Ocean Water

Ocean Water

Many people who have been to the ocean have tried to drink the water found therein. That (sadly) includes me. Unfortunately, we have all discovered that ocean water is salty and quite disgusting.

Ocean water has an average salinity of 35PPT, or 35 parts of salt in a thousand parts of water. That means that per 1000 pounds (453.59 kg) of water, you can find 35 pounds (15.88 kilogram) of salt.

Seawater is 96.5% water and around 3.5% salt. These dissolved solids change the chemical properties of water. It takes less energy to evaporate seawater than fresh water, and increasing the amount of salt in the water will make it freeze at lower temperatures. However, the ice that will from will be almost pure, because the salt will drain out of it.


pH is the degree of acidity in a substance. The pH level in a substance is measured from 0-14. When water disassociates, it forms two substances, which are called OH- (negative hydroxyl ions) and H+ (positive hydrogen ions).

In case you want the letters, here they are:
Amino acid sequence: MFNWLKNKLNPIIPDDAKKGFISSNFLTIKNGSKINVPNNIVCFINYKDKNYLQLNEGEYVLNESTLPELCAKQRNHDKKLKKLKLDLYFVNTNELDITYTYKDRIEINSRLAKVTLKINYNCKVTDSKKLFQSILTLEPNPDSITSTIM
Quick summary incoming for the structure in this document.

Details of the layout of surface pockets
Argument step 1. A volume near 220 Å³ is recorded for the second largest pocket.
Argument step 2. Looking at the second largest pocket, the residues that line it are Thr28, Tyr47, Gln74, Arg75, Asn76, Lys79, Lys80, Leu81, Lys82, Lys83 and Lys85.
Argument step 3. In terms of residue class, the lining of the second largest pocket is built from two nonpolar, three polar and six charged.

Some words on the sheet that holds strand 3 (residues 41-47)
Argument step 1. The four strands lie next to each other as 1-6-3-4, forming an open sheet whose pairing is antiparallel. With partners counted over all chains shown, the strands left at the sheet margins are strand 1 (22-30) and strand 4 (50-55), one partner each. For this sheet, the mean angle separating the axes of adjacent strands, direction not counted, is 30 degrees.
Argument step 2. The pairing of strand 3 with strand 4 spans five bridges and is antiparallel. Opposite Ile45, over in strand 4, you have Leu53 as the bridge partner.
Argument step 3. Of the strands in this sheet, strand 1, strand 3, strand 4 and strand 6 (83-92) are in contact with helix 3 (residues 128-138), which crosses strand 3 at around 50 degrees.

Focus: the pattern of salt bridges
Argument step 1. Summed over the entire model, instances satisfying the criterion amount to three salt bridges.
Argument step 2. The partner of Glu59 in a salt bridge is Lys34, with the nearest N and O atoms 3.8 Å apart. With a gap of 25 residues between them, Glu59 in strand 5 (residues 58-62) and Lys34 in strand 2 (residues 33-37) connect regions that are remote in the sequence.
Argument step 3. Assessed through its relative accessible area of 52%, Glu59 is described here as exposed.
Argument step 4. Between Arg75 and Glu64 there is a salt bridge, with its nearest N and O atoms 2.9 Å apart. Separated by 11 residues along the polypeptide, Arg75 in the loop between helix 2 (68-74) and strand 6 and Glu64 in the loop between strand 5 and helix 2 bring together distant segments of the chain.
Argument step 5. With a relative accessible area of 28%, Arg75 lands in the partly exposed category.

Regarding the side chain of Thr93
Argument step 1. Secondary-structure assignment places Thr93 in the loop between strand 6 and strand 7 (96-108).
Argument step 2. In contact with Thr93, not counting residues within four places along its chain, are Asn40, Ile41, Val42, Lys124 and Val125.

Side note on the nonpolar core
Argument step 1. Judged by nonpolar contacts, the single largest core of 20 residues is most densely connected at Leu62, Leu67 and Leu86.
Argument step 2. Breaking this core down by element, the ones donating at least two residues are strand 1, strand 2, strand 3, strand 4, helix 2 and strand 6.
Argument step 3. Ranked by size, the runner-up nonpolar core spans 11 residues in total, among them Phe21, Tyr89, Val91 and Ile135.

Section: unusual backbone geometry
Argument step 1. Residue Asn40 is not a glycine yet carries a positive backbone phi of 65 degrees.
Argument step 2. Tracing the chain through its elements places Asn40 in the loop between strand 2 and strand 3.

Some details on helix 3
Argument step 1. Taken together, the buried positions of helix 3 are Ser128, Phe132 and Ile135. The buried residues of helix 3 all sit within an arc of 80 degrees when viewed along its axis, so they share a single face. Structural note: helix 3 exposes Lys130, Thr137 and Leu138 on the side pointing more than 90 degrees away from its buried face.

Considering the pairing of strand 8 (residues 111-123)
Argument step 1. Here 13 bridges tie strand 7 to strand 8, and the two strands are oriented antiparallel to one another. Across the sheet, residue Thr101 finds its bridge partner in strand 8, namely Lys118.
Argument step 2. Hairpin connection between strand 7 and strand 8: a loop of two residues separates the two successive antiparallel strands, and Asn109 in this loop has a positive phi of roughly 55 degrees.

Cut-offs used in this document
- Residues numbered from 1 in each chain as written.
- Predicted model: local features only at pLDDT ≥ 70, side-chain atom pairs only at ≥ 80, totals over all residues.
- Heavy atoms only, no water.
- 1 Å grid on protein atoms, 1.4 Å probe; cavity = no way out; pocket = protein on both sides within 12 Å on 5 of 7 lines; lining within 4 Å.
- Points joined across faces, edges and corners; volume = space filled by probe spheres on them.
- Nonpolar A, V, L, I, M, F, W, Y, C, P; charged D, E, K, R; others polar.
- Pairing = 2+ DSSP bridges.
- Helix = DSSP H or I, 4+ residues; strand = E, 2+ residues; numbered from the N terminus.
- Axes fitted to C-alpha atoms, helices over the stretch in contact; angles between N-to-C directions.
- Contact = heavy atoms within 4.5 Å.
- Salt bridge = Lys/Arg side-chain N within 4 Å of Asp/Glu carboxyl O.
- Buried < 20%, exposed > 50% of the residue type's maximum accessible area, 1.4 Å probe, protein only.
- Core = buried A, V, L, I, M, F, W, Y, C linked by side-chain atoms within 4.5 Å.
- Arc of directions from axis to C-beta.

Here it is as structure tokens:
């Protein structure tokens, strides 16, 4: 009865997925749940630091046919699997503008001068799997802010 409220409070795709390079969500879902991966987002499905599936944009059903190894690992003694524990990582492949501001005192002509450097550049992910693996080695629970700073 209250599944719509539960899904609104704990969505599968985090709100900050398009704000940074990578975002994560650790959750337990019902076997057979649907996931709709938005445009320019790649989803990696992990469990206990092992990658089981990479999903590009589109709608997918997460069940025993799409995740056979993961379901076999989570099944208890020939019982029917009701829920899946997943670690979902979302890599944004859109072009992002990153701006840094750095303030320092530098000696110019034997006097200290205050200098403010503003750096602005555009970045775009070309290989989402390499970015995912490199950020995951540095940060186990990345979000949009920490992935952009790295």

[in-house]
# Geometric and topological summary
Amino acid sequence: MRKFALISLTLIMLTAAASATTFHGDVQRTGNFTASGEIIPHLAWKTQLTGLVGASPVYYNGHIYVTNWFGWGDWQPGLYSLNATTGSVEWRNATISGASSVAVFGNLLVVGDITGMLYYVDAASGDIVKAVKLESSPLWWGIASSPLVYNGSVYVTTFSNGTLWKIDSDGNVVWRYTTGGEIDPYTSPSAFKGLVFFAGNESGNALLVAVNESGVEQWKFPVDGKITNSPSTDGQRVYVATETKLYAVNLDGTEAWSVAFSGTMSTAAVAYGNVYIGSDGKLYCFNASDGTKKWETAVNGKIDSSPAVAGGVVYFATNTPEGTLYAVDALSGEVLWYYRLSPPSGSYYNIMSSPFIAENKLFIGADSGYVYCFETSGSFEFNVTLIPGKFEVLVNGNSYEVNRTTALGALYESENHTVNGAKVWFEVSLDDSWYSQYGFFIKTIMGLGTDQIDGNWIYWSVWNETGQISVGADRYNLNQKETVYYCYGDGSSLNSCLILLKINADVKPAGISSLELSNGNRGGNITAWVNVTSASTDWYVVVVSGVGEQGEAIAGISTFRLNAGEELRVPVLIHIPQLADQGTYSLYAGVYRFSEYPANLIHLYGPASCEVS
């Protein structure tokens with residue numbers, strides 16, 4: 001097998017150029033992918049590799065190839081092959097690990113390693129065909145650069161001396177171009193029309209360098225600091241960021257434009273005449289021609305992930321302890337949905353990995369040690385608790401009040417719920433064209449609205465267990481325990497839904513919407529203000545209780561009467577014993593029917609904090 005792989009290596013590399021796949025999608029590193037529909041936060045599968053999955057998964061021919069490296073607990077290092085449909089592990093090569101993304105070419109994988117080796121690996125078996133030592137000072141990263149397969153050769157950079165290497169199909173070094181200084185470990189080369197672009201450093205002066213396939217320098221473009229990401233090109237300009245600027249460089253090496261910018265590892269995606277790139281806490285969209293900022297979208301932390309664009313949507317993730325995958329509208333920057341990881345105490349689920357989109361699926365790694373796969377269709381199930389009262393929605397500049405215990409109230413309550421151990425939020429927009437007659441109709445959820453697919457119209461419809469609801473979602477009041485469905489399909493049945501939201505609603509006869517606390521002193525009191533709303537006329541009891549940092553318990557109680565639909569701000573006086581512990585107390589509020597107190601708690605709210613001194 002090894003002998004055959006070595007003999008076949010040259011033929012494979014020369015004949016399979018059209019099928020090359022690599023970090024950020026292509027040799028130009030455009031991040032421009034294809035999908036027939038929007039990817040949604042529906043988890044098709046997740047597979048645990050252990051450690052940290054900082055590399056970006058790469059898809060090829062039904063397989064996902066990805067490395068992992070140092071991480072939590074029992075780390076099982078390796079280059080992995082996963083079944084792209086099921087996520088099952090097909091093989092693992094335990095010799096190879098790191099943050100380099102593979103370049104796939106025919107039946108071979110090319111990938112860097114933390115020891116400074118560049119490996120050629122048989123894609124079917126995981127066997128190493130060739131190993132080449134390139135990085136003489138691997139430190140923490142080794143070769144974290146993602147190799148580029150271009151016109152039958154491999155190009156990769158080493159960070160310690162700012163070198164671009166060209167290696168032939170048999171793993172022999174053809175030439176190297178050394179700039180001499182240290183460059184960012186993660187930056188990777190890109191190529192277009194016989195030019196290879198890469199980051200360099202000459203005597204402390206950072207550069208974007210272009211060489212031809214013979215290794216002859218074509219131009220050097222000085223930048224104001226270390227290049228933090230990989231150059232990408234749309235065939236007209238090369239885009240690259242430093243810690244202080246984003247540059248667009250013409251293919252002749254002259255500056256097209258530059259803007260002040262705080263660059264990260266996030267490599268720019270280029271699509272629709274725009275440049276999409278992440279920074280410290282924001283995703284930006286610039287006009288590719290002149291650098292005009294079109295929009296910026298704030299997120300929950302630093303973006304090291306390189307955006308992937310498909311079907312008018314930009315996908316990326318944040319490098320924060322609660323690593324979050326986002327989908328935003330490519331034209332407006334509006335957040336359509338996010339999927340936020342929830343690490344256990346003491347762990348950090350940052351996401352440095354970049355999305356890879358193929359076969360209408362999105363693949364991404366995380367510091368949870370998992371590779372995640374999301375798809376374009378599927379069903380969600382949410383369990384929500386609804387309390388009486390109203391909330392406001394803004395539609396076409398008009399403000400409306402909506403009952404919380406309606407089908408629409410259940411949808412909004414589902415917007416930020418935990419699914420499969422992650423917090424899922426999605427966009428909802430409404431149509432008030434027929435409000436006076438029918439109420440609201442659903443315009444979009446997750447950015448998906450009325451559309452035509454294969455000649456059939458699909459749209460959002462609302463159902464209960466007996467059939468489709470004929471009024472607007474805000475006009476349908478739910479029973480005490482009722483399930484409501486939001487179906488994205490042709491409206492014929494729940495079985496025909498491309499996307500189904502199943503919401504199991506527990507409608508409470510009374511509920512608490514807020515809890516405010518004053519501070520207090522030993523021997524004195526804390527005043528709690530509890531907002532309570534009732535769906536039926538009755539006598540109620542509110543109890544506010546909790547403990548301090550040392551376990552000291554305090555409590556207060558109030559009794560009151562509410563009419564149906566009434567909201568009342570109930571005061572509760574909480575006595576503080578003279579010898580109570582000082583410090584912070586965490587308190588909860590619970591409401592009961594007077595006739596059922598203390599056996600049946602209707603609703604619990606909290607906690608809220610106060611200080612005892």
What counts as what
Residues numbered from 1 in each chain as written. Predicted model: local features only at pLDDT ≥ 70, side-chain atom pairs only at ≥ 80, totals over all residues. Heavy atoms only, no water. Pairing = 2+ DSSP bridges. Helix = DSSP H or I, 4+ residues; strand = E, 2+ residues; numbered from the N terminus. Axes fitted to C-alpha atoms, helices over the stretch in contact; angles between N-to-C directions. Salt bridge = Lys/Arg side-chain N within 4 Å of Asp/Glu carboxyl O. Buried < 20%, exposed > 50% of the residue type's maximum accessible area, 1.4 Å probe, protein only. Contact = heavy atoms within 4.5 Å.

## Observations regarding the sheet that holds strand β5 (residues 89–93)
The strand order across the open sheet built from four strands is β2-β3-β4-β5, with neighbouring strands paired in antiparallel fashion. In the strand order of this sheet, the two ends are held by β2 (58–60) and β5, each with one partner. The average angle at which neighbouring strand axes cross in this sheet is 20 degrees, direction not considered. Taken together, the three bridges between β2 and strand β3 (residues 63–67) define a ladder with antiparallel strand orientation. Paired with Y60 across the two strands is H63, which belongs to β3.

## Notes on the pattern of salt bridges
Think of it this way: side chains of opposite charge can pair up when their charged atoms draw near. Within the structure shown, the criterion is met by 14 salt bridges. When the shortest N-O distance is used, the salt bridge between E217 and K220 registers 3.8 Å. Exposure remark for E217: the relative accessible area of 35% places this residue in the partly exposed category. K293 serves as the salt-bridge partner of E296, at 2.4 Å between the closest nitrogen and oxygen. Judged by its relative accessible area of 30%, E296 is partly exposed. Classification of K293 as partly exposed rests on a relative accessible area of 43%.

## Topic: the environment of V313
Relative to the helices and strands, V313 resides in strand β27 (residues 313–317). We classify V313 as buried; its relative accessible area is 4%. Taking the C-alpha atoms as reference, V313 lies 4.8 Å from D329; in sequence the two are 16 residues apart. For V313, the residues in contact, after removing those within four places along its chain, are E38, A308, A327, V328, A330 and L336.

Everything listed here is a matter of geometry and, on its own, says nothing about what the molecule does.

Pure water has a pH level of 7, but most ocean water has a pH level of 8, which means that it is slightly acidic because there are more OH- ions than H+ ions.

Ocean water also includes buffers, which is a substance that lessens the tendency of a substance to become too acidic. One type of buffer is carbonate, which is formed by the reaction of carbon dioxide with water.

Dissolved Oxygen

Dissolved oxygen is measured in parts per million (PPM) or milligrams per liter (mg/L). Dissolved oxygen is the amount of oxygen dissolved in water. This is important for fish because the minimum amount of PPM necessary for them to live is 4.

Below a DO level of 4, an effect called hypoxia occurs, and fish suffocate, being killed. The DO is replenished when plants absorb the carbon dioxide emitted by the fish and then emit oxygen, which is absorbed by the water and then used by the fish.

However, as you go down, the DO gets less and less until there is not enough oxygen to support marine life.